TBI – Survivors, Caregivers, Family, and Friends

Posts tagged ‘“No Stone Unturned”’

Caregivers SPEAK OUT! . . . . . . Joel Goldstein

Caregivers  SPEAK OUT!  Joel Goldstein,

(father of survivor, Bart Goldstein, and author of “No Stone Unturned”)

presented by

Donna O’Donnell Figurski

 

 

14 Joel Goldstein Speaker's photo

Joel Goldstein – Caregiver of son, Bart & author of “No Stone Unturned”

1. What is your name? (last name optional)

Joel Goldstein

2. Where do you live? (city and/or state and/or country) Email? (optional)

New Paltz, New York, USA

3. What is the brain-injury survivor’s relationship to you? How old was the survivor when he/she had the brain injury? What caused your survivor’s brain injury?

Our son Bart was sixteen when he suffered a severe TBI (traumatic brain injury). He was a passenger in an auto accident.

4. On what date did you begin care for your brain-injury survivor? Were you the main caregiver? Are you now? How old were you when you began care?

I became Bart’s caregiver on January 29, 2001, the day of his accident. My wife, Dayle, and I were and remain Bart’s main caregivers. We remain involved in Bart’s life, but he has now progressed to semi-independence. He resides in his own apartment an hour and half away. We visit and break bread with him every Sunday and on holidays. We participate actively with his “team,” made up of a Benefit Coordinator (a certified specialist or a social worker who is an advocate for the survivor, a CIC (Community Integration Counseling) counselor, and an ILS (Independent Life Skills) trainer.

5. Were you caring for anyone else at that time (e.g., children, parents, etc.)?

My wife and I were responsible for our eleven-year-old daughter, Cassidy.

6. Were you employed at the time of your survivor’s brain injury? If so, were you able to continue working?

I was Director of Human Resources at a medium-sized company. I was lucky enough to be able to take whatever time was needed to care for Bart, especially while he was in the acute phase. My wife, Dayle, worked at home as a Reiki Master. She stopped most work to care for Bart.

Joel Goldstein & Son, Bart

Joel Goldstein – Caregiver for Survivor son, Bart

7. Did you have any help? If so, what kind and for how long?

Friends and family helped look after our daughter while Bart was an inpatient (four months). Close friends and a wider “conspiracy of decency” in our community helped for several years, post-injury. Here is a short YouTube video, “No Stone Unturned: Traumatic Brain Injury and the Conspiracy of Decency,” that addresses that issue:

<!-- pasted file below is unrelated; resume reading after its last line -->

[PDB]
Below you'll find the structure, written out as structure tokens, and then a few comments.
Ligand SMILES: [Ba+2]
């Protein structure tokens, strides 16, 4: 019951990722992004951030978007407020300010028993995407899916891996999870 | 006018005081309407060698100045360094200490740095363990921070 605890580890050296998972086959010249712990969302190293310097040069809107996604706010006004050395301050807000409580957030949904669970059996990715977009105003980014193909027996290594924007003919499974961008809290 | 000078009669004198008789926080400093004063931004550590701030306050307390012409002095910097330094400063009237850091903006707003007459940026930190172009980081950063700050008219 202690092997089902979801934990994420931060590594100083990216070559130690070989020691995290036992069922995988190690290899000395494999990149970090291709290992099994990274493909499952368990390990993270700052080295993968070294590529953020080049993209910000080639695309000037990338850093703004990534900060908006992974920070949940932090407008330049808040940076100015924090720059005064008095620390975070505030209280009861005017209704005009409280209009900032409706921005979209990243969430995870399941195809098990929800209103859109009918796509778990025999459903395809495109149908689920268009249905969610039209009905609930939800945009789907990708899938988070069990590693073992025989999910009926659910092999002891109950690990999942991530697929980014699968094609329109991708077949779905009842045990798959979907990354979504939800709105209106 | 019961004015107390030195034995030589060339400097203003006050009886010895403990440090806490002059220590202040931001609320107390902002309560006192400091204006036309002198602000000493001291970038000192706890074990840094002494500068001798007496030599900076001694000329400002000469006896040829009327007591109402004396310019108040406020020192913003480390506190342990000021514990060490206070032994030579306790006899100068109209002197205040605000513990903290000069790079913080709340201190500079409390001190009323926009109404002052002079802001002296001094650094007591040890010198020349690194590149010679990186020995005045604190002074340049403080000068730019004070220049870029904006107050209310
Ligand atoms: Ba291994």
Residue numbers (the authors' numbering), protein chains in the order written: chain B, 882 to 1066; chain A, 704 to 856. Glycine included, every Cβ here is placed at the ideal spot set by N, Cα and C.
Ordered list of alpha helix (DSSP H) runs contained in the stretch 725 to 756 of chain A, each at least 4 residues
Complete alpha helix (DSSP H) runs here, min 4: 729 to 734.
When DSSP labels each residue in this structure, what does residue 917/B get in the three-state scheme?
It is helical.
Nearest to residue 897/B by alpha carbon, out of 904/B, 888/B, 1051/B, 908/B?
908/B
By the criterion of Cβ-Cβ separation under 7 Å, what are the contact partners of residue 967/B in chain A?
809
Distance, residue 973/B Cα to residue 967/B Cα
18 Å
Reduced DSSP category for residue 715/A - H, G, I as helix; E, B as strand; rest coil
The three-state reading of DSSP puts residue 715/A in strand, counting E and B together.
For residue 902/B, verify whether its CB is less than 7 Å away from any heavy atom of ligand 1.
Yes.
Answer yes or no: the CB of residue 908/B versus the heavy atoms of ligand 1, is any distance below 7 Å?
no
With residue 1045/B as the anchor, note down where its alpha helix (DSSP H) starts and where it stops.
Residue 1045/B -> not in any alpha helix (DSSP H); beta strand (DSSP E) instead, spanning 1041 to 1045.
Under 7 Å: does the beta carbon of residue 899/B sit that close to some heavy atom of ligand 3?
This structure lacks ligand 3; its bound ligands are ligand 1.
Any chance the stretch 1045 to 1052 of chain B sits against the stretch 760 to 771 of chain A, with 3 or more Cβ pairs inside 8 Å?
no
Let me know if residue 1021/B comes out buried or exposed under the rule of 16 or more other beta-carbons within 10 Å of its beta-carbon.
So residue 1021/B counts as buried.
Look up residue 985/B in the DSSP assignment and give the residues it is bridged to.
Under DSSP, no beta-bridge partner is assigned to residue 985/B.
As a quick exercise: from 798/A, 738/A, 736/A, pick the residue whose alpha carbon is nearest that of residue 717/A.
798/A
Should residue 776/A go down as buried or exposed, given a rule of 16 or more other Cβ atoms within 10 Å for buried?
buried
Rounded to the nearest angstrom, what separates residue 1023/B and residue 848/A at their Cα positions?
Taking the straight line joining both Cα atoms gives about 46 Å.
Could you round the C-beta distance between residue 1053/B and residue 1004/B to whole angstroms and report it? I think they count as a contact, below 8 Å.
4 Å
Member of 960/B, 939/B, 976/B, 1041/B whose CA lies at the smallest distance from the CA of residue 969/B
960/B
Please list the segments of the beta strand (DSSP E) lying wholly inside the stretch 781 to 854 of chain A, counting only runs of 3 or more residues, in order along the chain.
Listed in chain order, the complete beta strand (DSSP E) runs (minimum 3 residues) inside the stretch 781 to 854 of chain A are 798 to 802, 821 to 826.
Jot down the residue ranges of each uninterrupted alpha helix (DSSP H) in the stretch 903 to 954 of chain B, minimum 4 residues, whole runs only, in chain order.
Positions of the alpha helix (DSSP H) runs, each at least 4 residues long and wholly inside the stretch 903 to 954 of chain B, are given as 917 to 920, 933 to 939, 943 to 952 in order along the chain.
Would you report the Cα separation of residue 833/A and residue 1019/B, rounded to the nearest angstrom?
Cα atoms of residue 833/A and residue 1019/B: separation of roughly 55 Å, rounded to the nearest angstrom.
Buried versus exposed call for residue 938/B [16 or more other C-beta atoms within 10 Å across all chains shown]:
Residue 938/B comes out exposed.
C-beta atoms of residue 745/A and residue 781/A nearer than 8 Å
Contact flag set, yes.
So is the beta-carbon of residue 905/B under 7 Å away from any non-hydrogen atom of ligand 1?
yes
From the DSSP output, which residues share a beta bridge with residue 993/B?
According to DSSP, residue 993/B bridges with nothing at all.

8. When did your support of the survivor begin (e.g., immediately – in the hospital; when the survivor returned home; etc.)?

My and my wife’s support began immediately in the hospital.

9. Was your survivor in a coma? If so, what did you do during that time?

Yes. Bart was in a coma for 30 days. Dayle and I were at his bedside.

10. Did your survivor have rehab? If so, what kind of rehab (i.e., inpatient and/or outpatient and occupational, physical, speech, and/or other)? How long was the rehab? Where were you when your survivor was getting therapy?

Bart had all the standard therapies, plus many unconventional ones. Here is an article, “Fighting the “TBI Wars”: New Alternatives for TBI Survivors,”published by Brainline, that addresses this question succinctly:

11. What problems or disabilities of your brain-injury survivor required your care, if any?

03 Joel and Bart Newspaper

Joel Goldstein (caregiver) and son, Bart – brain injury survivor

Bart’s injury was very severe – 30-day coma, nine-month rehab, and then years at home reintegrating. He struggled with the full gamut of intellectual, physical, and emotional deficits that come with a severe TBI. Gradually, with time and alternative therapies, these struggles have eased very considerably. Today Bart lives semi-independently, in his own place, with a part-time job, and with new fiends. He is moving on with his life.

12. How has your life changed since you became a caregiver? Is it better? Is it worse?

Our focus for over a decade was almost entirely Bart-centric. Pastimes were eliminated (e.g., Taekwondo) and volunteer activities were diminished. (I was president of our local branch Y at the time of his accident, but I resigned shortly after.) People we were accustomed to seeing regularly (especially Bart’s friends and their families) dropped away. We were angry about the friends moving on with their lives, but eventually we forgave and moved on too. Life is both better and worse, in different respects.

13. What do you miss the most from pre-brain-injury life?

I miss old hobbies, sports, travel, and activities that have been shelved in order to be more focused on essentials.

14. What do you enjoy most in post-brain-injury life?

My life is more simplified and focused. I have a new sense of mission and compassion. We have founded the BART Foundation (Brain Alternative Rehabilitative Therapies) – a 501(c)(3).

15. What do you like least about brain injury?

I dislike the timeline – Bart’s recovery from his TBI will be a lifelong challenge. Some issues, like perseveration, are terribly stubborn.

16. Has anything helped you to accept your survivor’s brain injury?

18 Joel Goldstein & Bart

Bart Goldstein – Survivor with Father, Joel Goldstein (author of “No Stone Unturned”)

I have been helped by the usual suspects: faith, hope, love, humor, music, family, friends, and fun.

17. Has your survivor’s injury affected your home life and relationships and, if so, how?

We’re all walking-wounded in some ways – reminiscent of PTSD (post-traumatic stress disorder).

18. Has your social life been altered or changed and, if so, how?

The caregiving life can often be isolating.